The following quotations are taken from Margaret B. Moore's The Salem World of Nathaniel Hawthorne. 1998. (courtesy of
University of Missouri Press)
"Hawthorne's sketch, `Main-Street,' illustrates his grasp of [Salem's] history." (17) "The story in `Main-Street' is a very deft presentation
the history of Salem's first century. The teller says he wants to `call up the multiform and many-colored Past'. On the same street will be
that past, in more or less chronological order from the leaf-strewn path of the Indians through the boundary-making, property-buying early
to the great snow of 1717 which `swept over each man's metes and bounds and annihilated all the visible distinctions of human property.' As time
went on, the Conants and the Masseys and others entered and saw an Eden in what had been a wilderness. Then the whole group of Puritans arrived,
built their meetinghouse and their dwellings, had their children, and made their rules. To fight off the Indians whom they had displaced, they
had their musters. (17) Moore believes Hawthorne's historical rendition can be "documented in the historical record" (Moore 17).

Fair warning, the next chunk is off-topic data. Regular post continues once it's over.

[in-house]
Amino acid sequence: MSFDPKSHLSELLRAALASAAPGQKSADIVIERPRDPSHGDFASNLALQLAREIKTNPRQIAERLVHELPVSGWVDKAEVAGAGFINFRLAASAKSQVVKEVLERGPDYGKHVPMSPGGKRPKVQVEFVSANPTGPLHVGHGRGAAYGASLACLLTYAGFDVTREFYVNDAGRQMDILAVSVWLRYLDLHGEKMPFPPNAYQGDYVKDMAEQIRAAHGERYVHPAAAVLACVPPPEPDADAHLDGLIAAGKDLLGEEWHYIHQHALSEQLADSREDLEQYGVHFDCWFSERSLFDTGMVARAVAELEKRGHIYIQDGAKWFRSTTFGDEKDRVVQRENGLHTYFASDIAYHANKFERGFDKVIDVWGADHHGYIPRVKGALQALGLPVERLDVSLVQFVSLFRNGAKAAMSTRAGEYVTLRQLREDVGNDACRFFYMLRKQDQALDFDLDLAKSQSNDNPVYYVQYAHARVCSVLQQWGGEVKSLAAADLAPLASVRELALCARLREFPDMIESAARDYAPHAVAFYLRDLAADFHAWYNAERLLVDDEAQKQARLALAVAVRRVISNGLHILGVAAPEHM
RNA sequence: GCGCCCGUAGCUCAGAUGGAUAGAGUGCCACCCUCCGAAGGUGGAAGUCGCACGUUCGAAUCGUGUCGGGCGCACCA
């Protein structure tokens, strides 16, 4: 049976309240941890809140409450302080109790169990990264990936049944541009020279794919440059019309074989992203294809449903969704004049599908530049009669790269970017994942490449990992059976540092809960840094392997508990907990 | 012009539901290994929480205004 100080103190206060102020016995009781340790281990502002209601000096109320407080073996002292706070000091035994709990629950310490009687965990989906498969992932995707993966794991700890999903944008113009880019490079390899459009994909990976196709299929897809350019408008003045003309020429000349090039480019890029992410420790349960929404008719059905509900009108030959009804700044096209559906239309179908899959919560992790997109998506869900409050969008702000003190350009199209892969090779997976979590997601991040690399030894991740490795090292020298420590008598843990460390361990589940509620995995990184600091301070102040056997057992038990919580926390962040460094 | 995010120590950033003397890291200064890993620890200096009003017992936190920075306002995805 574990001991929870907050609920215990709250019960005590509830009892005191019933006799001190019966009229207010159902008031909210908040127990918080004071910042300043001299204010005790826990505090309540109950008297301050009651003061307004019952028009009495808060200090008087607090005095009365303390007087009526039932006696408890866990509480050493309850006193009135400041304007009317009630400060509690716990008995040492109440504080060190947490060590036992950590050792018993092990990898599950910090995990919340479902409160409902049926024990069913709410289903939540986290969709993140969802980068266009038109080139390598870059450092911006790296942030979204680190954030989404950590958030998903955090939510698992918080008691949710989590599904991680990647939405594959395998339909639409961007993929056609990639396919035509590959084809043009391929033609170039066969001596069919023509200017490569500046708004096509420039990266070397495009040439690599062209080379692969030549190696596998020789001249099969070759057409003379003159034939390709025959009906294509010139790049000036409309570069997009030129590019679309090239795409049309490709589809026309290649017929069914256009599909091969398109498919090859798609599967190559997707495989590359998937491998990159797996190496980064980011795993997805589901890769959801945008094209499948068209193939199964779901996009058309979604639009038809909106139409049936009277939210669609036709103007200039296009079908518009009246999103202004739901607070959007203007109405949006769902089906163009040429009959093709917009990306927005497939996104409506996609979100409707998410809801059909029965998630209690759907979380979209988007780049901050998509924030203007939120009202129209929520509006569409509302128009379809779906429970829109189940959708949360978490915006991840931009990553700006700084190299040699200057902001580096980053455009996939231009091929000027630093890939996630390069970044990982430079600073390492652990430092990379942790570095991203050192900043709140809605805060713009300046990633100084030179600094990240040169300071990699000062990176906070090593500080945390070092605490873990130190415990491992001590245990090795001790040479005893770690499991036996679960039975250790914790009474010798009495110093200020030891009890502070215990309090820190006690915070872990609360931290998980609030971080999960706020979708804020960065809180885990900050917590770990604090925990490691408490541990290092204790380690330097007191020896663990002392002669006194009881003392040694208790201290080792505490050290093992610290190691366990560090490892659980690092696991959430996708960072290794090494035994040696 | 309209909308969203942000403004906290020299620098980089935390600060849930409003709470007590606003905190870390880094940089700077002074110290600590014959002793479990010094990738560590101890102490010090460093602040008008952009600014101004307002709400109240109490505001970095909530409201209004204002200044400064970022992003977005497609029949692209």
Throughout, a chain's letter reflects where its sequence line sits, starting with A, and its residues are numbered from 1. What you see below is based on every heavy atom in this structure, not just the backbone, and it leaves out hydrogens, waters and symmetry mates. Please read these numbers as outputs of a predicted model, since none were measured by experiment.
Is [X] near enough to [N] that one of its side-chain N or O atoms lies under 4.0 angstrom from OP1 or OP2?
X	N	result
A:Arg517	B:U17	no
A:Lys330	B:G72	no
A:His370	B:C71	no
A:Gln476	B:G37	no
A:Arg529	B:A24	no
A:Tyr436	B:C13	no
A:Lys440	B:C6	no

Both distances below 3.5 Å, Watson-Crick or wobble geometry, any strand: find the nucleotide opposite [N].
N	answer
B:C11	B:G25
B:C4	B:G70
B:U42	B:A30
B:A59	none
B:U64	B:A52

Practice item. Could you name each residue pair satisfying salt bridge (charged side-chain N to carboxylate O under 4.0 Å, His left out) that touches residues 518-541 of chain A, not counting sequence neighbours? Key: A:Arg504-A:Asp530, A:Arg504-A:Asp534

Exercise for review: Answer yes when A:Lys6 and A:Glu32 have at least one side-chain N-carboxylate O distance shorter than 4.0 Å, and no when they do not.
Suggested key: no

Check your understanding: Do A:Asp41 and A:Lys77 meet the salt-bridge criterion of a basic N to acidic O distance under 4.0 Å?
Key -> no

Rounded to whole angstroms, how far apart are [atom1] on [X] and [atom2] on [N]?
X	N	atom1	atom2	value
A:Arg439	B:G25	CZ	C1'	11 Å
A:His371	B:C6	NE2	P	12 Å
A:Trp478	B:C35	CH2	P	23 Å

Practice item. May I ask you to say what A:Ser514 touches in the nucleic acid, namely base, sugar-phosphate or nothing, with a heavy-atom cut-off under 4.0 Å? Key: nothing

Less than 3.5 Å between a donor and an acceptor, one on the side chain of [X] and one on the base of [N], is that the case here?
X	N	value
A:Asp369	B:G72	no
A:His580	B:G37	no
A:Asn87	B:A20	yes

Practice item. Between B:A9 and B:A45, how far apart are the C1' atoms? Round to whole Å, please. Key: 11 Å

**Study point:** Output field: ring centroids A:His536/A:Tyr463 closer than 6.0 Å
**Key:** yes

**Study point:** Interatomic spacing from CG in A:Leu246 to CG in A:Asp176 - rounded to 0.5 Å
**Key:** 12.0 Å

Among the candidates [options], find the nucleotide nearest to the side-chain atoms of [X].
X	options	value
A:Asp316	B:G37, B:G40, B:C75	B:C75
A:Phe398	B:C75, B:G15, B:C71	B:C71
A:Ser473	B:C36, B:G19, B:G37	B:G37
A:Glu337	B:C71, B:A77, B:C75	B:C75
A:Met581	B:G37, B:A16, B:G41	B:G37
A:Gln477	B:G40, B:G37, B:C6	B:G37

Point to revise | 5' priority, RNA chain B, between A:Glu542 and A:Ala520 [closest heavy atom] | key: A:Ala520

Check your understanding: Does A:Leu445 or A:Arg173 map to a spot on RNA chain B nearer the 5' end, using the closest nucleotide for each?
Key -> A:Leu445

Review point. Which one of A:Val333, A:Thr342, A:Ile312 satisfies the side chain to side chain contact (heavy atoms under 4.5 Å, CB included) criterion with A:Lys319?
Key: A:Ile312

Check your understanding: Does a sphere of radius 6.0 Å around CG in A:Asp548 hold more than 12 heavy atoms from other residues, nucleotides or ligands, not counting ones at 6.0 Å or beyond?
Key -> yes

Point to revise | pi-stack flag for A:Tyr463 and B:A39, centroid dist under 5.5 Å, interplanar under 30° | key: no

"The Indians also have a major part in his history from the time of stately Squaw Sachem and her second husband who rule the land, to the Indians
who realize that the main street is no longer theirs, the `drunken Indians, himself a prince of the Squaw Sachem's lineage.' The process of
civilization tramples `the wild woods, the wild wolf, and the wild Indians'" (18).
The passage of history in "Main-Street" is told through the words and cardboard cut-outs of a showman. "The past and present
Wappacowet would have been surprised to see the East India Marine Society building on the very spot where the white man would be surprised to see
the Indians dancing and shrieking in the woods" (21). "This is a chimney-corner history told by someone who is very aware of the impact of the
advent of the Quakers; or of the witchcraft summer; or of the severity of the Puritan faith, which did not travel well in the time; or of the pathos
of the Indian whom `Anglo-Saxon energy' had displaced to the periphery of the settlers' lives" (21).